This means having a healthy dose of positive emotions, the absence of physical disability, and general life-satisfaction as the people reach the second half of their life.

What can people do then to support their positive aging?

There are large individual differences in physical and cognitive functioning of older adults. Negative stereotypes about aging may lead older adults to negatively interpret the natural changes that accompany aging and develop limiting expectations.

Though, older adults who engage in regular physical and mental activity, as well as having a positive attitude, improve the odds of successful aging. They tend to be healthier and live longer than adults who are sedentary and don’t stimulate themselves intellectually.

Research has also revealed seven factors that predict positive aging.


The Intersection of Emotion and Creativity

Friday, April 15th, 2011

There are numerous outlets to release creative expression, such as a beautiful painting, an innovative invention, or a scientific discovery. Overall, in most cultures, creativity is considered to be a valuable trait to possess. It is considered to be a highly advanced form of thinking, and offers us adaptability to difficult situations and helps us create something new and progressive to advance society.

When we consider how emotions play a role in this process there is interesting and contradictory findings.

Emotions, unlike creativity are primitive in nature. Though, one similarity between the two is the natural and innate capacity of both. Human beings are emotional creatures and natural creators. Understanding how to manage emotions in a way to develop creativity is a powerful realization.

Some research contends that emotions impact creativity and similarly emotions can be a product of creative change. We experience a wide range of emotional states, and when it comes down to it, creativity is interrelated with our affect, mood, and state of mind.

To enhance creativity, we just need to put ourselves in appropriate frame of mind.

Consider when you’re upset and very angry. How does your ability to think change? Most often when we lack emotional clarity and balance, we are not able to utilize our full mental capacity.


Can We Enhance Mental Health Through Positive Institutions?

Wednesday, April 13th, 2011

The absence of mental illness does not mean someone has flourishing mental health. This has been a common theme I have encountered lately, and is also one of the major focal points of positive psychology.

The idea of optimal functioning involves more than the absence of illness, and extends to our experience of positive emotions, using positive character traits, and developing positive institutions.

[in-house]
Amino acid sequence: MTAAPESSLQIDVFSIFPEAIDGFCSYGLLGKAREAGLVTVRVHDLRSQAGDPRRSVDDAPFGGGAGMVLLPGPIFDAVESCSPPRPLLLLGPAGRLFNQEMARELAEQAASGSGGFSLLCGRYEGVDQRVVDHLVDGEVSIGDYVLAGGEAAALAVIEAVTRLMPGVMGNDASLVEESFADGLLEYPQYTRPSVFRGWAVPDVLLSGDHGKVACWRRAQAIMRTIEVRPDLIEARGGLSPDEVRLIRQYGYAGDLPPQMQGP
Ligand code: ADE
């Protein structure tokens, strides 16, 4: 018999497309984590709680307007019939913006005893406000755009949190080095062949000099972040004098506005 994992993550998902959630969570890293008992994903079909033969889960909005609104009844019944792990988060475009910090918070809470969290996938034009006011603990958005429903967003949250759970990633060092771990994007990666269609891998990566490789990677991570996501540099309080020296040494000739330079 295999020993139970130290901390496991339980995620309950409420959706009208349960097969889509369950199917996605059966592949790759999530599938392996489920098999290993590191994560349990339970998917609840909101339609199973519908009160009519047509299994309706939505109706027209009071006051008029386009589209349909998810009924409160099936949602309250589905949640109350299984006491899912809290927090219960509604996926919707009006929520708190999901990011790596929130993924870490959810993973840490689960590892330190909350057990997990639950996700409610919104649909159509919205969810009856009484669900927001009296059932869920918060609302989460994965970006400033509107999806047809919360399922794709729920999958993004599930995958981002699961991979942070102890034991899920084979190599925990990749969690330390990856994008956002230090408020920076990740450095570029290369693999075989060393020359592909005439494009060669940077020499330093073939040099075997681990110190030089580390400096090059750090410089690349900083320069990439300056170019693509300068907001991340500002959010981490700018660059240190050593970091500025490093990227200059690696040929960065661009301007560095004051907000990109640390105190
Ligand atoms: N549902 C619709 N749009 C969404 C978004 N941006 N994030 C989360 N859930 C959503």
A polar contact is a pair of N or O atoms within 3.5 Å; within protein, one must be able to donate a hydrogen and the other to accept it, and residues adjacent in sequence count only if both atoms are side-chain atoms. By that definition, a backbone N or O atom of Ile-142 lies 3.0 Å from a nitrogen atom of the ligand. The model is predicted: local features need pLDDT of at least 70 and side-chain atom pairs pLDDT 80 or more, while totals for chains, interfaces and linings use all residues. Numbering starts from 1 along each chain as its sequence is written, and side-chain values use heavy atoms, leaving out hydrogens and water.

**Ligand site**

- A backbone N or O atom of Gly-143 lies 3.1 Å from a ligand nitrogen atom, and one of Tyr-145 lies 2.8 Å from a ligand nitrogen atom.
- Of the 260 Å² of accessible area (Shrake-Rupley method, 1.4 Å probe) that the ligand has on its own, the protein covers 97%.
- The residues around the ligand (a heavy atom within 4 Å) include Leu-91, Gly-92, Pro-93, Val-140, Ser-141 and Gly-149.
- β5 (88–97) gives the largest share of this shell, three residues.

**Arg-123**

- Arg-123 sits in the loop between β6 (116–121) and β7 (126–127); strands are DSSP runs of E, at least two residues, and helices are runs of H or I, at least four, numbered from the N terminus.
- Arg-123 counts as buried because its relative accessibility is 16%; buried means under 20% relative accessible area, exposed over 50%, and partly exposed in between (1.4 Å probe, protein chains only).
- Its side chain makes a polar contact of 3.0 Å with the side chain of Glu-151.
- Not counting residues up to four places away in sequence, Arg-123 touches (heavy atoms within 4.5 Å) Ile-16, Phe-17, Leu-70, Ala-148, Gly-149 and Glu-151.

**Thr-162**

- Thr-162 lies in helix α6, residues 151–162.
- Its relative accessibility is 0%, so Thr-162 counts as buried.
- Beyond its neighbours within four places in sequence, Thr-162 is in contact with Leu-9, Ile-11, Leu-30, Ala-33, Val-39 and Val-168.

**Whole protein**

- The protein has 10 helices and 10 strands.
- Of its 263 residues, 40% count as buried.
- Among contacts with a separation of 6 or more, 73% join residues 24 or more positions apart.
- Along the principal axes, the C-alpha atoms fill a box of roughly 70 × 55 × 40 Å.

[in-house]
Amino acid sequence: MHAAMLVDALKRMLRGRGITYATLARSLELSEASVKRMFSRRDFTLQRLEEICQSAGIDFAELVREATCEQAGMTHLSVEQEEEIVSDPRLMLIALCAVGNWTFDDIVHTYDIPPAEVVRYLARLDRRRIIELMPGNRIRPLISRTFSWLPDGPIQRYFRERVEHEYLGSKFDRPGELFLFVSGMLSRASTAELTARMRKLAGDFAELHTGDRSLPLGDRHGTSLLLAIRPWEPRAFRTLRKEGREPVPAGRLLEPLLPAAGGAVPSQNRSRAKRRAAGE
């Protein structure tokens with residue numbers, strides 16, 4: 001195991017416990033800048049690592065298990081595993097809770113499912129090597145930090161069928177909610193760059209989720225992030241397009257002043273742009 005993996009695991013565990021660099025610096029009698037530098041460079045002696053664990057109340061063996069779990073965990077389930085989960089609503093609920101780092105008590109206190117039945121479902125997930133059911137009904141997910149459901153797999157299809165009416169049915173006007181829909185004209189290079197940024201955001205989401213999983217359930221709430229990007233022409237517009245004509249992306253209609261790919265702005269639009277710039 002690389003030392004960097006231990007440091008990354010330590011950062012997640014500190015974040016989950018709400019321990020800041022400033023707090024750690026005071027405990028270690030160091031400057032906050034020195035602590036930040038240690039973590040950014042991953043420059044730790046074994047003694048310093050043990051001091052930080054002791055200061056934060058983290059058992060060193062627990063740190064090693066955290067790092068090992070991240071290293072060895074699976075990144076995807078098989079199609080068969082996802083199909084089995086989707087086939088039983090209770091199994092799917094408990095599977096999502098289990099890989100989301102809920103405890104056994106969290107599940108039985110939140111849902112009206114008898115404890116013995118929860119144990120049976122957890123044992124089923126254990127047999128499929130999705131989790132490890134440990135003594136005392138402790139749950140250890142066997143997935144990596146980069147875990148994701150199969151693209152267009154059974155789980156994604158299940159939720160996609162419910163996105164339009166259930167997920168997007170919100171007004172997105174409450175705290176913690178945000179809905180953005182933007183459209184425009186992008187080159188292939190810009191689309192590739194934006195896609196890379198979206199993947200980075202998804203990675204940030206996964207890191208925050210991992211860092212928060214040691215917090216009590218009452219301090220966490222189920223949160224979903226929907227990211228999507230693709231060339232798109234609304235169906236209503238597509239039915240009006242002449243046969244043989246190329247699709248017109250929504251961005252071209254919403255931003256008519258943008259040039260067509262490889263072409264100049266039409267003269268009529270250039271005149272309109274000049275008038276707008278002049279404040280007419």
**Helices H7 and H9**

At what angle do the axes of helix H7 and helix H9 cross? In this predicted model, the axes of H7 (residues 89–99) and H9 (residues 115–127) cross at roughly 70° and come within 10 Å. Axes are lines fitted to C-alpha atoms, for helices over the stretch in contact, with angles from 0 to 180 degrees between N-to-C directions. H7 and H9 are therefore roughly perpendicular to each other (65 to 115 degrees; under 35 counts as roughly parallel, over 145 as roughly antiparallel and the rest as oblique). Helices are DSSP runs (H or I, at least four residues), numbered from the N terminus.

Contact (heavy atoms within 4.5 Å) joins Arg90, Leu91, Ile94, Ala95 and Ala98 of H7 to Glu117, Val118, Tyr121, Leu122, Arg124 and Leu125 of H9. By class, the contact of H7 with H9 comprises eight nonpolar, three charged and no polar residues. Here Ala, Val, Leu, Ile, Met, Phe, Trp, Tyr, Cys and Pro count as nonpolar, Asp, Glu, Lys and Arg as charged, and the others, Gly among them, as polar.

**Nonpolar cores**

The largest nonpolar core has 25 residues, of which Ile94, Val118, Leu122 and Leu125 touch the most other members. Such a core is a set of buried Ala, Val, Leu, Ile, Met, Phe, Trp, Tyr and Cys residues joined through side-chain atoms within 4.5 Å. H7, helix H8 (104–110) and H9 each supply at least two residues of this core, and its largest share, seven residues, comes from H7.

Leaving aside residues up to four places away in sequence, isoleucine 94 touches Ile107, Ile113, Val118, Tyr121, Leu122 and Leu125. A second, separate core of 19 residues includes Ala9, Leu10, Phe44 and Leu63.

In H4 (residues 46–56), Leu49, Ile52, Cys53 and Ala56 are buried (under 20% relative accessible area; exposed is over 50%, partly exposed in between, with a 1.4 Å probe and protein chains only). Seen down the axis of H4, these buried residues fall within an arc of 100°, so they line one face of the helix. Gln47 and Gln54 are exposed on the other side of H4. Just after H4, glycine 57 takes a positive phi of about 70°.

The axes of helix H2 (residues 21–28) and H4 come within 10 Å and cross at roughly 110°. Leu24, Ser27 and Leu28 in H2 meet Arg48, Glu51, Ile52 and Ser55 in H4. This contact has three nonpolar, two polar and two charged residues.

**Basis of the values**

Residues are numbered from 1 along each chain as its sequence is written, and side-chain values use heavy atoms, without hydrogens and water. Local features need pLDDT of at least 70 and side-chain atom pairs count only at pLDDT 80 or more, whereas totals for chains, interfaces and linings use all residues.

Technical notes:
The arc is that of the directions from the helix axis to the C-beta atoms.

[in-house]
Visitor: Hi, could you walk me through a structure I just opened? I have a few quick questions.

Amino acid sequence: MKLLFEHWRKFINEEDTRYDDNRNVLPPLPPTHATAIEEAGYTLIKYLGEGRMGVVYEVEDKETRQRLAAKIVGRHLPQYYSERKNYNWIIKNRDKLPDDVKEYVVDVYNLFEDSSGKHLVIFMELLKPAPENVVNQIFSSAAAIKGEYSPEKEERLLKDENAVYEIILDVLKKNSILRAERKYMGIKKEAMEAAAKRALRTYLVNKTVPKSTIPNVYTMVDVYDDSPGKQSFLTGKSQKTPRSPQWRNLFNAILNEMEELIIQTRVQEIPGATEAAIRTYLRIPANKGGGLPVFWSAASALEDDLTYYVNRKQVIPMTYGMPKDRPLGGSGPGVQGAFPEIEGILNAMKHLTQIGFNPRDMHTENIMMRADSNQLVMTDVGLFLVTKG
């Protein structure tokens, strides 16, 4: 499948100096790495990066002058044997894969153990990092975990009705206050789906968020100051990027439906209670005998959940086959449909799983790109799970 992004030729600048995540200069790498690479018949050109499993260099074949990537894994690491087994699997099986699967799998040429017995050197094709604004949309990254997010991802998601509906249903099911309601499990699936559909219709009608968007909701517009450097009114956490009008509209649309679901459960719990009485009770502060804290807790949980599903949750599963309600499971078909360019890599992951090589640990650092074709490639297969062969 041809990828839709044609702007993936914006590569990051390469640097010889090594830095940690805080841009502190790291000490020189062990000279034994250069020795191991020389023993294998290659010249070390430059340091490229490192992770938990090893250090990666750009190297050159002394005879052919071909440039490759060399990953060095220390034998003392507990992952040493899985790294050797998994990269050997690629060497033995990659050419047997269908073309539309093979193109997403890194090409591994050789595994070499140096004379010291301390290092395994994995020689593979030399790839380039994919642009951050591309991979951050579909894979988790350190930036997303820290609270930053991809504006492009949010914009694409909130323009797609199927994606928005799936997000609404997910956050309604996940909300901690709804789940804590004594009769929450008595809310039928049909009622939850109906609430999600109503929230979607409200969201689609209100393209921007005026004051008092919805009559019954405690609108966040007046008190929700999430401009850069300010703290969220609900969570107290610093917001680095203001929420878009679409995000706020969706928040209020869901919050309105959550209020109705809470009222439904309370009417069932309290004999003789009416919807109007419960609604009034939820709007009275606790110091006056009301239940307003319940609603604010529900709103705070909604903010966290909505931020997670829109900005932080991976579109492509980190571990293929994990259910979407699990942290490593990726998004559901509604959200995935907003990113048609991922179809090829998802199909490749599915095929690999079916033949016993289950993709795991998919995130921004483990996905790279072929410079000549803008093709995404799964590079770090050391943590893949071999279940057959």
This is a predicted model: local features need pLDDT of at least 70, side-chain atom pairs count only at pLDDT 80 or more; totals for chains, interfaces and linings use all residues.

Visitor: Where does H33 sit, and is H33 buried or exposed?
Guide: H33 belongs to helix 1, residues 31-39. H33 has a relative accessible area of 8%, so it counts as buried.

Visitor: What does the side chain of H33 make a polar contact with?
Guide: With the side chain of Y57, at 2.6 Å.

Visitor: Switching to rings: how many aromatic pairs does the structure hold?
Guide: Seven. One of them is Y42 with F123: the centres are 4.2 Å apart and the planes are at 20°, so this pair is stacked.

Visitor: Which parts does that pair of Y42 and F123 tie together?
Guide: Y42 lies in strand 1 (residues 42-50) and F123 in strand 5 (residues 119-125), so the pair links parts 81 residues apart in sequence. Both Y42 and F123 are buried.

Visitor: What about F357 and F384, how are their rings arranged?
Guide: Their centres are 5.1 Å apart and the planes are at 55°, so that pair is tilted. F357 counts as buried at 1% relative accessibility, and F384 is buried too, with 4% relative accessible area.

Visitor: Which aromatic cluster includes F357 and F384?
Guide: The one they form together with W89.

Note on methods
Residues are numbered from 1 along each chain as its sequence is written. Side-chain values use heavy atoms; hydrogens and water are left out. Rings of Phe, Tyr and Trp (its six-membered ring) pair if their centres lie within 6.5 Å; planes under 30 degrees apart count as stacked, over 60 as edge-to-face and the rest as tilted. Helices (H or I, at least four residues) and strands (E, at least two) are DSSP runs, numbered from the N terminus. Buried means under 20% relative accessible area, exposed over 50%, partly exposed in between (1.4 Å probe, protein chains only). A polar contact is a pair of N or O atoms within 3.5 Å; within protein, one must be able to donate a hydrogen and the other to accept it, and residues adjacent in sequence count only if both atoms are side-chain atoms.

The development of positive institutions is a major factor in a community’s level of mental health.

Often we view psychological well-being at the individual level, without considering the impact of the community we live in. Though we don’t live in a vacuum separated from the surrounding environment. Our environment has a major impact on our development.

This is similar to Bronfenbrenner’s Ecological Systems Theory, which explains how our development and overall functioning comes from many levels of socialization, such as direct parents and family to our overall culture.

In this sense the policies and institutions in a given community have a major impact on the well-being of the individuals and the development of future generations.


Using Emotional Intelligence as a Means to Thrive

Monday, April 11th, 2011

Emotional intelligence (EI) is continually becoming a more recognized and integral source of effective human development. Schools and corporations provide programs and workshops in order to educate children and adults about self-awareness, self-control, and interpersonal relationships in order to achieve better performance and greater productivity.

This ability of self-regulation and effective relationships also has a direct connection with people living more effective and satisfying lives.

According to an article by Dr. Reuven Bar-On titled, Emotional Intelligence: an integral part of positive psychology, EI is clearly an integral component of positive psychology, and provides a route where EI can be more clearly understood as a source of greater well-being and happiness.

The article points out numerous factors that overlap between positive psychology and EI. These include:

  • self-regard and self-acceptance based on self-awareness
  • the capacity for positive social interactions based on social-awareness
  • realistic problem solving and decision making
  • self-determination and optimism

How to Be Mindful and Have More Positivity

Sunday, April 10th, 2011

Most of the time we lack awareness of the assumptions and evaluations we constantly make about ourselves, others, and the world at large. We go through life being mindless and unaware of our thinking patterns, feelings, and motivations.

In mindless states our emotions are driven by our unconscious beliefs and interpretations of the world, which in turn impacts our behavior. We encounter a new situation or new person and immediately begin to evaluate in terms of “good” and “bad” or “right” and “wrong.”

This dichotomous thinking provides a critical and judgmental view of ourselves and the world around us, and ultimately leads to destructive emotions, such as envy, resentment, shame, and greed.

Learning to be mindful or our assumptions, beliefs, and evaluations can lead to a more positive state of mind by disciplining the mind and gaining awareness.

How, specifically does mindfulness lead to more positivity?

Mindfulness leads to less worry. When we are mindful we are able to be in the present moment, and are more focused on what we’re doing, instead of being incessantly worrying about future plans and desires. Mindfulness is a process of developing the cognitive capacity to regulate what we’re attending to, which can help to cope with stress and manage turbulent situations where there is significant change and uncertainty.